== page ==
A More Creative Future with Smog Vacuums and Glowing Sidewalks | Innovation Tech

What if we started using every construction project and improvement to our towns and cities across the globe, as an opportunities to create places where people feel connection, wonder, and hope?

Source: Studio Roosegaarde

Today on Ever Widening Circles (EWC) we want to take you on a little journey of possibility. We have an amazing TED Talk for you with one of the most renowned, people in the world: Daan Roosegaarde. He is merging technology and art into urban environments with delightful solutions that expand us all. Let's dive in!

Have you heard about the growing surge in creative problem-solving that is being applied to infrastructure projects? It's an amazing path that we are just starting to go down.

What if parks had 60% better air quality than the city around them? What if the power of human steps in crosswalks could power the traffic lights? What if waste could be funding its own removal?

Bottom line: What would our world start to look and feel like if creativity was the new “value added” part of every construction bid?

Before you answer that question with a “Yes, but… “, I've got a few examples of this kind of worldview. Most involve mixing concepts that no one ever thought to combine, or tossing out common “rules” at the start.

Do you know that many museums only display 5% of what they have stored away? Can we mix museums with general use public spaces? Here's how that might look and feel:

Source: TalkTech.com

Who's to say that bridges have to be stationary, massive structures, many blocks apart. What if we had more pedestrian bridges that look like this?:

Source: Christina Bejarano

The bridge literally unrolls to span a narrow waterway. It is the famous Rolling Bridge in London: practical yet a bit wondrous!

And here's a possibility that is just plain fun: imagine walking through a city that might have something that challenges your senses, like “The Dancing House” in Prague:

Source: Maros M r a z (Maros)


The creative solutions to some of our common challenges will be endless. And best of all, the skills to come up with all this innovation—creativity, critical thinking and complex problem-solving—are the very things that computers and robots are not good at! We will soon live in a world dominated by technology, but the very things that make us human will be even more valuable.

Not sure of that point?

Spend a few minutes with the effervescent thought leader Daan Roosegaarde.

So what's keeping us from embracing this way of thinking?

Daan suggests our biggest hurdle is the “Yes, but…” sentiment.

How many times are we each responsible for interjecting that way of thinking into a conversation or problem-solving situation?  I can imagine a world where, as citizens, voters, project leaders, teachers, board members, and decision makers, we listened less to the “Yes, but…” people and get more curious about the ideas a creative few might offer.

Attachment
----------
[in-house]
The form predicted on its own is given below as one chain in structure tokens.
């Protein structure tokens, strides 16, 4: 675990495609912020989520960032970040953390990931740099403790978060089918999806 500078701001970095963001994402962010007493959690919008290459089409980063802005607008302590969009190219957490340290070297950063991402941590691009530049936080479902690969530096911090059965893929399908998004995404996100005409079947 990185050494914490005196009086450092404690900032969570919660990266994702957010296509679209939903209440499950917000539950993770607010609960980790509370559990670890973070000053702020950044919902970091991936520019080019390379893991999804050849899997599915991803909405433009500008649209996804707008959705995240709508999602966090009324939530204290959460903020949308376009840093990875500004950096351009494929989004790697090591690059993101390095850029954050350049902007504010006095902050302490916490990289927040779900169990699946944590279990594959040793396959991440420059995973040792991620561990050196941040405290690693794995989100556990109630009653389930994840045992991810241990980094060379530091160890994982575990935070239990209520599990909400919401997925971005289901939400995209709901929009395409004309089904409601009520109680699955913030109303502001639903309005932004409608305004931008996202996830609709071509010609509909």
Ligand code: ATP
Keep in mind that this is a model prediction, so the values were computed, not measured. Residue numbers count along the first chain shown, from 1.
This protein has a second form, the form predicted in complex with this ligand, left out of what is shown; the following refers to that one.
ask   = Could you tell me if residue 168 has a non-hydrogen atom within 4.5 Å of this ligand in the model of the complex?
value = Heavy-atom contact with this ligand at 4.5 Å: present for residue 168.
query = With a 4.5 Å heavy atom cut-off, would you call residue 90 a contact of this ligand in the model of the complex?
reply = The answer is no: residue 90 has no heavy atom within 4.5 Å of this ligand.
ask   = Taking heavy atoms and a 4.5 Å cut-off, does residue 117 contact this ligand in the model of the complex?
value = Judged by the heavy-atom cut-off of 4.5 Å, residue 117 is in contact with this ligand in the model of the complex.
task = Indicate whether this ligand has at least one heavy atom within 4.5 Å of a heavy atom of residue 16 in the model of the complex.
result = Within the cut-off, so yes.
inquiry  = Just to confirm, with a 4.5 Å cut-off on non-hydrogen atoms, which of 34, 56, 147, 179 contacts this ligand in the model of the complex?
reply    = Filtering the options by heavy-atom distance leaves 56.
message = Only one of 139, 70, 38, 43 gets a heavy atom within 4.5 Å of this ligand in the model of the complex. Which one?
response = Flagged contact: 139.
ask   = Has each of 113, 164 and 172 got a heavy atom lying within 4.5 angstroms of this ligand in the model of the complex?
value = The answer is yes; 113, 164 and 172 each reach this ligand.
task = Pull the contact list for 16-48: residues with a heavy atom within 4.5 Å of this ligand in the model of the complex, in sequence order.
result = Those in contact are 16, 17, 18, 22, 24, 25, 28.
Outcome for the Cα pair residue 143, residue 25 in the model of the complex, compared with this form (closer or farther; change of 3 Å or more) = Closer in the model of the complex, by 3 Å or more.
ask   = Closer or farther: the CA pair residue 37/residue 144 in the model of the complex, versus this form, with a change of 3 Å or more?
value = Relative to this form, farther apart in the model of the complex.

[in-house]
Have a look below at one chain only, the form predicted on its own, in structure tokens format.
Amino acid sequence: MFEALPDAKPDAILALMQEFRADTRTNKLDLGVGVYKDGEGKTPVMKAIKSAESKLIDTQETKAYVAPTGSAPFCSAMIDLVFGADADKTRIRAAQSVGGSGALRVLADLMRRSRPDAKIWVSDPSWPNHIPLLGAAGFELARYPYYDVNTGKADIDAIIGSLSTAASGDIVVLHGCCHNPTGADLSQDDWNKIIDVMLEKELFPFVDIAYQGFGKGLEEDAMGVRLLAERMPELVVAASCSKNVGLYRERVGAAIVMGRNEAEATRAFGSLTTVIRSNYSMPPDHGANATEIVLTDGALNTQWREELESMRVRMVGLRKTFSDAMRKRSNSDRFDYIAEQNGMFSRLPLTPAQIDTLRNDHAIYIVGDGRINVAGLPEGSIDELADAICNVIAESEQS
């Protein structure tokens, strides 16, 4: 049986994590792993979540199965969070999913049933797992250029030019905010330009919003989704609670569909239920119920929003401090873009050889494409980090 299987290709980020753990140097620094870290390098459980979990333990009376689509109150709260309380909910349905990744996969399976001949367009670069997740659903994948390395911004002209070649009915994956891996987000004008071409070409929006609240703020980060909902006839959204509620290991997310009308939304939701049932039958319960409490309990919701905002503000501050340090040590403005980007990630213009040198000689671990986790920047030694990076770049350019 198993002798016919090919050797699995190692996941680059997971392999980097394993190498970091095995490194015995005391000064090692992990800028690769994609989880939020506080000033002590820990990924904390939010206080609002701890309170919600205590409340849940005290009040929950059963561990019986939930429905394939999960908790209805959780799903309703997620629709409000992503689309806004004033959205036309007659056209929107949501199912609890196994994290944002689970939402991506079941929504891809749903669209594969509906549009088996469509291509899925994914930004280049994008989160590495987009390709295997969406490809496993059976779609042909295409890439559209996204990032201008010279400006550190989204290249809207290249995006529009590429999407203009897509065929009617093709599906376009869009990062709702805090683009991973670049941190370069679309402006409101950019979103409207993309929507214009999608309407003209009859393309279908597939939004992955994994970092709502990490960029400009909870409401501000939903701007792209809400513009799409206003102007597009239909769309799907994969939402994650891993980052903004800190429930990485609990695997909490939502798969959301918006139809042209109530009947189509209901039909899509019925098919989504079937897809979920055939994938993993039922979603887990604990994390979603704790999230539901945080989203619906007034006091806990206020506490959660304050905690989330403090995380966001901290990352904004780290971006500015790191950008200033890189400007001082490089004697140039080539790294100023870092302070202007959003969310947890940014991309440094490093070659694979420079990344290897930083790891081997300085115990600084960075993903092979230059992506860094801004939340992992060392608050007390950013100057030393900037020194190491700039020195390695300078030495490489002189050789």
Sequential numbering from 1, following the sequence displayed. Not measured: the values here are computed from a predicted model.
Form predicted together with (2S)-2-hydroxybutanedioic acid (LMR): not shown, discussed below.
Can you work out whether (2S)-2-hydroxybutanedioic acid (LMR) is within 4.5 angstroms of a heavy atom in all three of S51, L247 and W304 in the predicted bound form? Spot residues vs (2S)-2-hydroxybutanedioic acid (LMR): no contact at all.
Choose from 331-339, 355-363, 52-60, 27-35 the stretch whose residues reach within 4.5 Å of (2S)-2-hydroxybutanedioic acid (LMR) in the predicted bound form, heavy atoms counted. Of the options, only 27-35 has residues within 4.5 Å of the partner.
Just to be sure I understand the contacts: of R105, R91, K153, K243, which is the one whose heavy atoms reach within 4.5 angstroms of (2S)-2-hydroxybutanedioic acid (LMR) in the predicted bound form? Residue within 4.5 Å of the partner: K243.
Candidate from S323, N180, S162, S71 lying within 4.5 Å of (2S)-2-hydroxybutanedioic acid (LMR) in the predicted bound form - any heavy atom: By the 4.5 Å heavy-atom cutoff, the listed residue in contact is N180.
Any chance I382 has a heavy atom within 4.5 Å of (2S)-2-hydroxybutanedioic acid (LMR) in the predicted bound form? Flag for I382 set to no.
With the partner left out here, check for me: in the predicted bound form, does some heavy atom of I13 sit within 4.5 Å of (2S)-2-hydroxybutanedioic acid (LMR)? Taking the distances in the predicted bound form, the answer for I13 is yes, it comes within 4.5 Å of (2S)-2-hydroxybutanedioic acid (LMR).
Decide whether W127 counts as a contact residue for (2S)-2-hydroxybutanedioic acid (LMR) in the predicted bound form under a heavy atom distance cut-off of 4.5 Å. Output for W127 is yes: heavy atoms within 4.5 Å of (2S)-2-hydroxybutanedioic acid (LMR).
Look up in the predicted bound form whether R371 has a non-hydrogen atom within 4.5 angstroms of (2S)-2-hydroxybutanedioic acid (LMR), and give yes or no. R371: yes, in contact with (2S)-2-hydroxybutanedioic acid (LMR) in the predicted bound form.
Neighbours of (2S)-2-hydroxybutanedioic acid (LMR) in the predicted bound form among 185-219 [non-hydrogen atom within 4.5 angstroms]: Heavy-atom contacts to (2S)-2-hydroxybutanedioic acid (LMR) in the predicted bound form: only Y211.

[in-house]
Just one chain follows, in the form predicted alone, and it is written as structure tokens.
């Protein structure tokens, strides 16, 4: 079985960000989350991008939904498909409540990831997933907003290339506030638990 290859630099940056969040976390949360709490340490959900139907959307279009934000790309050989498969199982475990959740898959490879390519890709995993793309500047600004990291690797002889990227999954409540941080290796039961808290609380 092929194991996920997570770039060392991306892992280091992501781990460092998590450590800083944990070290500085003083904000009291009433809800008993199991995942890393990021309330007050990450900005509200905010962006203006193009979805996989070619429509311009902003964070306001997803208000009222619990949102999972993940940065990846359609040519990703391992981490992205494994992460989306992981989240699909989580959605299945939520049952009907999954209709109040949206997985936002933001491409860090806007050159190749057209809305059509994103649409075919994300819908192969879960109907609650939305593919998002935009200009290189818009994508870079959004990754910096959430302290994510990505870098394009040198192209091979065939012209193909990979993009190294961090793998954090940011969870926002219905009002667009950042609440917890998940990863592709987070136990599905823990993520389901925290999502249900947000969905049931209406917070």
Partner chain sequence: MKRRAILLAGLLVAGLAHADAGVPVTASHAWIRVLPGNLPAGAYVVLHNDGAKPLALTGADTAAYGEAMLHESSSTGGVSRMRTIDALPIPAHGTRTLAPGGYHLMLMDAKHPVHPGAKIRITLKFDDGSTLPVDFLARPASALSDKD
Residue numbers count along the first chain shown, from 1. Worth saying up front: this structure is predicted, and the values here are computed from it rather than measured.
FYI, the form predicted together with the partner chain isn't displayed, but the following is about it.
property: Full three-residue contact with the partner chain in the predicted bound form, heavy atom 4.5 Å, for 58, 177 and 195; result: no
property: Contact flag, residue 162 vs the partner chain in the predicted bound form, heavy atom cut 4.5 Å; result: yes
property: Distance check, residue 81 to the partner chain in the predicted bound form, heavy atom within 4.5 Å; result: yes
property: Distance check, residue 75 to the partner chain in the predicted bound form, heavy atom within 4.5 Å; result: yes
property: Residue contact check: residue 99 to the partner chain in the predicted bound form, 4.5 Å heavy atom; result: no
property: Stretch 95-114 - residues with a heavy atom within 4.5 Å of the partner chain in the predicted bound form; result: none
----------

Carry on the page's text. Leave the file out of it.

And how do we create more “idea people”, or become one ourselves? I'll point you to one of the most important articles we've ever written. It contains some counter-intuitive insights that each of us can use every day as thought leaders ourselves:

What if we rewarded “makers”, ingenious thinkers, and people who explore ideas, instead of being afraid?

Maybe it's all about this negative dialogue that seems to have taken hold of us; the notion that things are hopeless or getting worse by the day. If you've made it this far in this article, you probably are not letting those notions creep in very often. But you probably know plenty of people (often in positions of leadership) that are pretty down on the .

So here's more good news!

The numbers seem to tell us that the world is actually getting much better!

If you'd like to take the rest of your day with a spring in your step, let this next article be the antidote for the daily news:

I'll close today's article with a beautiful, short video from Studio Roosegaarde that will give you a sense of the wonder involved in projects like Daan (and others) are dreaming up for our futures. Here's the Waterlicht project designed to engage people's understanding of where the water levels would be in the Netherlands, were it not for their amazing system of dikes and engineering marvels.

Stay excited about the future. It's going to be a wild and wonderful ride!

On spacecraft earth, there are no passengers. We are all crew. – Marshall McLuhan

The possibilities for inspiration are endless here at Ever Widening Circles! Thanks for spreading the word that we are here!

~ Dr. Lynda

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Dr. Lynda is a dentist, artist, global traveler, and philanthropist who looks for potential and shares it with the world.

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